Since birth, Sim has had a malformation of her spine, which she worries is slowly getting worse with time. Her scoliosis causes her pain in her legs, difficulty sleeping, and she is unable to sit for long periods of time. With surgery, Sim will be able to walk again with ease and will be able to sit and sleep comfortably. She will not have to worry that her condition will worsen, and she can return to her work. Sim enjoys watching television, listening to the news, and helping with the housework in her spare time.
Esther is an elderly lady from Kenya. Esther is a mother of 2 children whom she has struggled to raise for the past 23 years. She lost her husband in 1996 and since then has been struggling with poverty. She had to sell a small piece of land to educate her children. Esther does not have any income and relies mainly on friends and relatives. Two years ago, Esther has been experiencing persistent bleeding. She has been diagnosed with a large ovarian tumor that is suspected to be malignant. She needs to undergo a hysterectomy, a procedure in which surgeons will remove her uterus. Our medical partner, African Mission Healthcare Foundation, is requesting $756 to fund Esther's surgery. On September 13th, she will undergo gynecological surgery at our medical partner's care center. Once recovered, Esther will be able to resume her daily activities free of pain. Esther says, “I am appealing for your kind support to help me access medical care. I hope that soon Il be free from the complications."
Brian is a student from Tanzania. He is the youngest in a family of four children. He joined kindergarten last year. For four years, Brian has been experiencing difficulty swallowing and regular fevers. Frequent illness causes him to miss school. Brian was recently diagnosed with enlarged tonsils, which, if not treated, will cause his symptoms to persist and possibly intensify over time. Our medical partner, African Mission Healthcare Foundation, is requesting $633 to fund a tonsillectomy for Brian, which is scheduled to take place on August 9. Surgeons will remove his tonsils, hopefully relieving Brian of his symptoms and helping him live more comfortably. Brian’s mother says, “This problem has made my son suffer a lot and made him miss a lot of class please help my son we have no means means of affording the cost.”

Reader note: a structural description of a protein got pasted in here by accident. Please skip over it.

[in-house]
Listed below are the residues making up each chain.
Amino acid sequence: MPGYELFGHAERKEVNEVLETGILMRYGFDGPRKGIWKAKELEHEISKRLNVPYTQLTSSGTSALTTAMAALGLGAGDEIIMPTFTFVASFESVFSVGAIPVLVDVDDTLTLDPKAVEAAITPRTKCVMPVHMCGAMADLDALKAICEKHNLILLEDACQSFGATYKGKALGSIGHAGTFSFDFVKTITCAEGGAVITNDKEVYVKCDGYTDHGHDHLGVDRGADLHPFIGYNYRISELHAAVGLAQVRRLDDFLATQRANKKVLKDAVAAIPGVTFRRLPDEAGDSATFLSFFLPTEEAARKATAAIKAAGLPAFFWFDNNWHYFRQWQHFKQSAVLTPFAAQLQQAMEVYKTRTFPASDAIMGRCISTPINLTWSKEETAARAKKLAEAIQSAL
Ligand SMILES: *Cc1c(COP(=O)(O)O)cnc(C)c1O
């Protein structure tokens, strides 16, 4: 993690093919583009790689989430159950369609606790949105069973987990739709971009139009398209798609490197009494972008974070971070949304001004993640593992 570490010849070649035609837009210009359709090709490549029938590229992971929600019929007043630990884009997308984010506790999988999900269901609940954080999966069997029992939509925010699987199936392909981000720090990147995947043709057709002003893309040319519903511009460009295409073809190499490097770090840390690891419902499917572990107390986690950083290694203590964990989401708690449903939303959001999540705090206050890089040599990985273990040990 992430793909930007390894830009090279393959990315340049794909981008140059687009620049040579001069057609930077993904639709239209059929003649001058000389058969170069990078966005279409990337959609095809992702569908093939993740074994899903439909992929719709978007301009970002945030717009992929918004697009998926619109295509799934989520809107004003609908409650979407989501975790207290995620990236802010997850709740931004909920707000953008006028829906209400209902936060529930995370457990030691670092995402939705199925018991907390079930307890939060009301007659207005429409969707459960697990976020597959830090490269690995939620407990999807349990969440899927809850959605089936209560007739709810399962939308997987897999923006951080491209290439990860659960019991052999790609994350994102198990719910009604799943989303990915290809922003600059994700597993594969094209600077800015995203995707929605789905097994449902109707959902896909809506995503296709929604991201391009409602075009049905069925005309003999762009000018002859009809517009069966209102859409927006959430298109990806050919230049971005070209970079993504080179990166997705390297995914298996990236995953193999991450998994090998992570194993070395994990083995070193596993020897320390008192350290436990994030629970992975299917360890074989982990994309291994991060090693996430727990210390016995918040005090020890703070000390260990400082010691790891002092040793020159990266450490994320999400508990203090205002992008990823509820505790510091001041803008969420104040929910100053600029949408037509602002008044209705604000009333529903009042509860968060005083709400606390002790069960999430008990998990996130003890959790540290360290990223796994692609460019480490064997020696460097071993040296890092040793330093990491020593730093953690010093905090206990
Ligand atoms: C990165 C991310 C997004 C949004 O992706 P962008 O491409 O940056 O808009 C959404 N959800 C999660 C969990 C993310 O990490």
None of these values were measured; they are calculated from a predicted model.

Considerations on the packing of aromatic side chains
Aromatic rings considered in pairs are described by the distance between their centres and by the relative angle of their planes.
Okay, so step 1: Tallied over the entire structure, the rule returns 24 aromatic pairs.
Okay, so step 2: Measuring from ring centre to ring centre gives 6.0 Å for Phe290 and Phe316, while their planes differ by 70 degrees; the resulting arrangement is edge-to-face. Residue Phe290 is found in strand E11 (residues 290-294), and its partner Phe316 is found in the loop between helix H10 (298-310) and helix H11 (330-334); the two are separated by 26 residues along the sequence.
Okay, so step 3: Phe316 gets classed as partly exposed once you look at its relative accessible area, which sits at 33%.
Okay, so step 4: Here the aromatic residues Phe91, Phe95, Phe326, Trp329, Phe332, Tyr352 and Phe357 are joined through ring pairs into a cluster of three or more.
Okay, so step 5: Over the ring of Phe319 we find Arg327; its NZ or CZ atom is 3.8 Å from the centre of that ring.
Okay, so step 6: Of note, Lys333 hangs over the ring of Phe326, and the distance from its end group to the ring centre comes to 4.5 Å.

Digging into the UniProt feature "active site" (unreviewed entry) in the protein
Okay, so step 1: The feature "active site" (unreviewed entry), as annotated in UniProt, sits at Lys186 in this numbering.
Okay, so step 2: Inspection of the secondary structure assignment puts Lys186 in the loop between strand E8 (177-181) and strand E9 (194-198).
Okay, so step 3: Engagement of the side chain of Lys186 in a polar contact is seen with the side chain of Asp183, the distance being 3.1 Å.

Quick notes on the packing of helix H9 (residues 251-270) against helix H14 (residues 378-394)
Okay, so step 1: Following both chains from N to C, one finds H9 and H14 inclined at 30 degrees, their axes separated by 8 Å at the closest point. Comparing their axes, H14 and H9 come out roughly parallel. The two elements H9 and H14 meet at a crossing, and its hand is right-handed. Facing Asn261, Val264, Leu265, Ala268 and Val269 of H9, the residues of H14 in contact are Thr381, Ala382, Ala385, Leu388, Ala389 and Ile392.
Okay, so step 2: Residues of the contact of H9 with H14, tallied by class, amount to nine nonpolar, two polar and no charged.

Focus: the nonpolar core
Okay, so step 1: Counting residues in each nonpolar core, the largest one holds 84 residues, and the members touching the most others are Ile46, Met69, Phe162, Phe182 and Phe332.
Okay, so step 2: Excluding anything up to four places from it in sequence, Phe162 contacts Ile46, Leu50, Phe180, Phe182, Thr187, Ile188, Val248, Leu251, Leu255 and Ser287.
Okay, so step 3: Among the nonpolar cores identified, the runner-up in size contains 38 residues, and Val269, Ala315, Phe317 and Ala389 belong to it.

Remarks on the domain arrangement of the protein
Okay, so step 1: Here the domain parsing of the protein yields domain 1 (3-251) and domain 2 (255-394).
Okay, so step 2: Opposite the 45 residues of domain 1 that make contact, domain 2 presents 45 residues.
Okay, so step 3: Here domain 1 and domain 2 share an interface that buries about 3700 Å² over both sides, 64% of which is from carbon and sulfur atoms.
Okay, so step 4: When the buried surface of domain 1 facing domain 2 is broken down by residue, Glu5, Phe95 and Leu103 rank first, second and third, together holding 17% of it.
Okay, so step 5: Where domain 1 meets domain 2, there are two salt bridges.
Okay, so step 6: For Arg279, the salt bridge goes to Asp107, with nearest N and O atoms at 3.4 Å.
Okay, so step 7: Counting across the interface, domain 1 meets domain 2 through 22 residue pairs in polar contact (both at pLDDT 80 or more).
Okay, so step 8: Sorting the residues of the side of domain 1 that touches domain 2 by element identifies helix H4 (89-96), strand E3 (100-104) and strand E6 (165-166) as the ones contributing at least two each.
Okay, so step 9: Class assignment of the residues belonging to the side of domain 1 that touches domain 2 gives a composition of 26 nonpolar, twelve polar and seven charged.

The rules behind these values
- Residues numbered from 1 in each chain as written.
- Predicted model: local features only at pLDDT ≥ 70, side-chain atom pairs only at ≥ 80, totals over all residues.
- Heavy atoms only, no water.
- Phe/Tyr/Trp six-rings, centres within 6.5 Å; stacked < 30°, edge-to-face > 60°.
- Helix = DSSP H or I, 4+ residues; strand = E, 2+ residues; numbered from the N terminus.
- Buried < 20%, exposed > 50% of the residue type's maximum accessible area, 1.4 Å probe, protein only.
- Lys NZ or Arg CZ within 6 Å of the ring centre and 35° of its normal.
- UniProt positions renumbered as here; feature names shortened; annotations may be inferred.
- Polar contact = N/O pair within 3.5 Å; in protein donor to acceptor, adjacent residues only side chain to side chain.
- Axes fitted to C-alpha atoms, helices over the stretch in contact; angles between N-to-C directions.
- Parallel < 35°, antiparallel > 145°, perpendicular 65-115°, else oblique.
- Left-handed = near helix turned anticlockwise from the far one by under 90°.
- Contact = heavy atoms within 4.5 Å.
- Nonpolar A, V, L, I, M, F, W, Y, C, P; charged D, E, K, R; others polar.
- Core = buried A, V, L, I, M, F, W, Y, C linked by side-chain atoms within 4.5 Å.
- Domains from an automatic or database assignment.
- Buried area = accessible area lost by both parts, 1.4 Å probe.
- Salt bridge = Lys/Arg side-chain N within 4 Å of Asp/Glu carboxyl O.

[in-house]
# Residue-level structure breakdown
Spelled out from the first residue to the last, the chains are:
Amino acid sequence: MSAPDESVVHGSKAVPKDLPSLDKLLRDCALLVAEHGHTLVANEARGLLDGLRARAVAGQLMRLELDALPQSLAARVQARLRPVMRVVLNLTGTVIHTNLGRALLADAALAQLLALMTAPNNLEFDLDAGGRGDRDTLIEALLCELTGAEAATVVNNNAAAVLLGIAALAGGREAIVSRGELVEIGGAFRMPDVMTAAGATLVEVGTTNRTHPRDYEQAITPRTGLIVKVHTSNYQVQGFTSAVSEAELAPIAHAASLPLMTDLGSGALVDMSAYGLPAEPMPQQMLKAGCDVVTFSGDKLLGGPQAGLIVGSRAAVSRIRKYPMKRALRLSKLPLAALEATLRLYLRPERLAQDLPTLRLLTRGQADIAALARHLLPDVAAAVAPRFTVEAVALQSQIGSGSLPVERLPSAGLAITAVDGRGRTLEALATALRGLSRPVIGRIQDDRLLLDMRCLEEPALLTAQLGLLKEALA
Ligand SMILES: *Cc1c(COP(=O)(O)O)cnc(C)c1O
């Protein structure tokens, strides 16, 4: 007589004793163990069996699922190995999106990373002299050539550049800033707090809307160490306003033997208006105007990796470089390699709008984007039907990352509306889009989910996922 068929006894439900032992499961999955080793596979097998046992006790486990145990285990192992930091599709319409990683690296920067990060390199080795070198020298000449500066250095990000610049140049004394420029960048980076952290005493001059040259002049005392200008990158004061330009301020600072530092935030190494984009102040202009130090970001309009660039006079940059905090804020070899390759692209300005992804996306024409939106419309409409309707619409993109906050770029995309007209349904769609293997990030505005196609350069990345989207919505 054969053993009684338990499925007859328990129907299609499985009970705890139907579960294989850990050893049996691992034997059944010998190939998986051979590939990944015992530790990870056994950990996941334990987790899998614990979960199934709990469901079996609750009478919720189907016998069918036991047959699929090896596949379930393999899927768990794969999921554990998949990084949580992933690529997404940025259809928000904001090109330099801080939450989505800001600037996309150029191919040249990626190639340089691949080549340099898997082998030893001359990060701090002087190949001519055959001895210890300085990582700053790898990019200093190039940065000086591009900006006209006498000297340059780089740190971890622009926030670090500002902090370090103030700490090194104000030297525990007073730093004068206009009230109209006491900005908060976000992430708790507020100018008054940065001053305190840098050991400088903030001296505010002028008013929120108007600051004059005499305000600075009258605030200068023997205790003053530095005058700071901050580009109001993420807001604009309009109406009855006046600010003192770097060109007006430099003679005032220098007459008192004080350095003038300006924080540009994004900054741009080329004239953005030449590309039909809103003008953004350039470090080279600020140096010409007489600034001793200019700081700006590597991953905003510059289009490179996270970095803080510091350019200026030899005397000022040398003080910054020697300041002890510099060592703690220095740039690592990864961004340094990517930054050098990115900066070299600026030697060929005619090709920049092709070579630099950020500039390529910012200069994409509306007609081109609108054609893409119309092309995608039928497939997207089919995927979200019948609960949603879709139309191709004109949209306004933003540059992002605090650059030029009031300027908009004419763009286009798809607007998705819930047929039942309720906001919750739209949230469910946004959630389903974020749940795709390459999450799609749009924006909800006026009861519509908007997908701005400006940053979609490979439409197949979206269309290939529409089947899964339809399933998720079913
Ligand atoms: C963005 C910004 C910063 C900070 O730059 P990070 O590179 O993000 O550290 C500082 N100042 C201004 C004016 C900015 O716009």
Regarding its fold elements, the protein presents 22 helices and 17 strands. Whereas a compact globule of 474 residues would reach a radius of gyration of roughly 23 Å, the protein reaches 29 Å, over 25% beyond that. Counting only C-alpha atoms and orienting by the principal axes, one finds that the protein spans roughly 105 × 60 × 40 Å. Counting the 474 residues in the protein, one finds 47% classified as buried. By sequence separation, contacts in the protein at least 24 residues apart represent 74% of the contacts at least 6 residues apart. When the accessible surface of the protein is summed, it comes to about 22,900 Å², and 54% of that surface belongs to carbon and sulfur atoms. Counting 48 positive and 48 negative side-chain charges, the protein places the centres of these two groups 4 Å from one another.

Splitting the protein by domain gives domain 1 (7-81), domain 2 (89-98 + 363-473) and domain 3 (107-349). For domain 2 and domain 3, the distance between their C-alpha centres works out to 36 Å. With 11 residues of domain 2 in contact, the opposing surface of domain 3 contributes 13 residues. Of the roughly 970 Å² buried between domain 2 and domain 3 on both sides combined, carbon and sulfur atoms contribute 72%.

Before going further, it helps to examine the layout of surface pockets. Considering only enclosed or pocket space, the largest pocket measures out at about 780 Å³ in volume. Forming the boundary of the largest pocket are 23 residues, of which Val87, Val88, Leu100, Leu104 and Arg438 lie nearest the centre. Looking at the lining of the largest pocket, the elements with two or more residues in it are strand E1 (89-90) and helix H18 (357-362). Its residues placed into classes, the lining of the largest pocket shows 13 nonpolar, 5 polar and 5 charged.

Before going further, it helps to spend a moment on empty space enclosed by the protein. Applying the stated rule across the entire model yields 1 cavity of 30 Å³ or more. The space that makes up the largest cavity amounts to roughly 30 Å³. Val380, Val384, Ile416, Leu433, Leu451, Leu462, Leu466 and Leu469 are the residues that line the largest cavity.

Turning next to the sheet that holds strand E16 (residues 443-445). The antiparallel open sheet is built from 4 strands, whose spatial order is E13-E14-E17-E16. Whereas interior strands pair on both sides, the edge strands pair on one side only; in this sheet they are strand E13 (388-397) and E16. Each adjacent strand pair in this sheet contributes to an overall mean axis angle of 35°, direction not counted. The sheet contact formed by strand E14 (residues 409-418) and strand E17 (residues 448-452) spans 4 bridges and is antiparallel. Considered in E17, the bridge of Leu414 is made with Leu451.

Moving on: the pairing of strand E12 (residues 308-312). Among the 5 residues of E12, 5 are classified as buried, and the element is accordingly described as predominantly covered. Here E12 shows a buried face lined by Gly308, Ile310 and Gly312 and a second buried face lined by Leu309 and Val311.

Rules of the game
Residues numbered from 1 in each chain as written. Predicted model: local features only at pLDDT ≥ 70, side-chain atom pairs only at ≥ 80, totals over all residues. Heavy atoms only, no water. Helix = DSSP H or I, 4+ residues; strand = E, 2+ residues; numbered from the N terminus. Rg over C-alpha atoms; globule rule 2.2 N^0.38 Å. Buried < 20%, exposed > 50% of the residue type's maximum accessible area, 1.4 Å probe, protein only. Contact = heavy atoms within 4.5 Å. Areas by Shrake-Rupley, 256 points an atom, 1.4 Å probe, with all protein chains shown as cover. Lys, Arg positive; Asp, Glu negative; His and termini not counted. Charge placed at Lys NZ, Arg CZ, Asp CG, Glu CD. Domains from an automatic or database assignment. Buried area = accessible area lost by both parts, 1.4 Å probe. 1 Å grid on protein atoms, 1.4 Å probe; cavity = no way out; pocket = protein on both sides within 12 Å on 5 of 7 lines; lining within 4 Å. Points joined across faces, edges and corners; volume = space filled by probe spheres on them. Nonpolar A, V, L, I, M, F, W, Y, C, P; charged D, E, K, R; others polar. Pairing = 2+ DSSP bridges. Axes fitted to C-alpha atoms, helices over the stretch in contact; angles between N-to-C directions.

Khouk is a five-year-old girl from Thailand. She goes to kindergarten at a local school. In early June, Khouk was playing on the slide at school with her friends. She fell off the slide and onto her right arm, breaking her right forearm. With the help of our medical partner, Burma Children Medical Fund, Khouk will undergo surgery to reset her fractured bones and ensure proper healing. The procedure is scheduled for June 19 and will cost $1,500. This procedure will help her to have a pain-free forearm again. After Khouk has fully recovered, she will go back to school and continue her kindergarten class. Khouk's mother says, “If her broken arm heals, I will be very happy for her. Now I feel very sad when I look at her.”
Woobens is a toddler from Haiti. He lives with his parents, who are farmers, and three older siblings in the mountains of Northern Haiti. Woobens has a cardiac condition called patent ductus arteriosus. A hole exists between two major blood vessels near the heart. Woobens also has Down syndrome. On October 9, he will undergo cardiac surgery at St. Damien Hospital, our medical partner's care center. During surgery, Surgeons will use a patch to close the hole near his heart. Another organization, Gift of Life International, is contributing $5,000 to pay for surgery. Woobens's family also needs help to fund the costs of surgery prep. The $1,500 requested by our medical partner, Haiti Cardiac Alliance, covers cardiac exams and medications. His mother says, "I am hopeful that after this surgery, my son will start growing and gaining weight."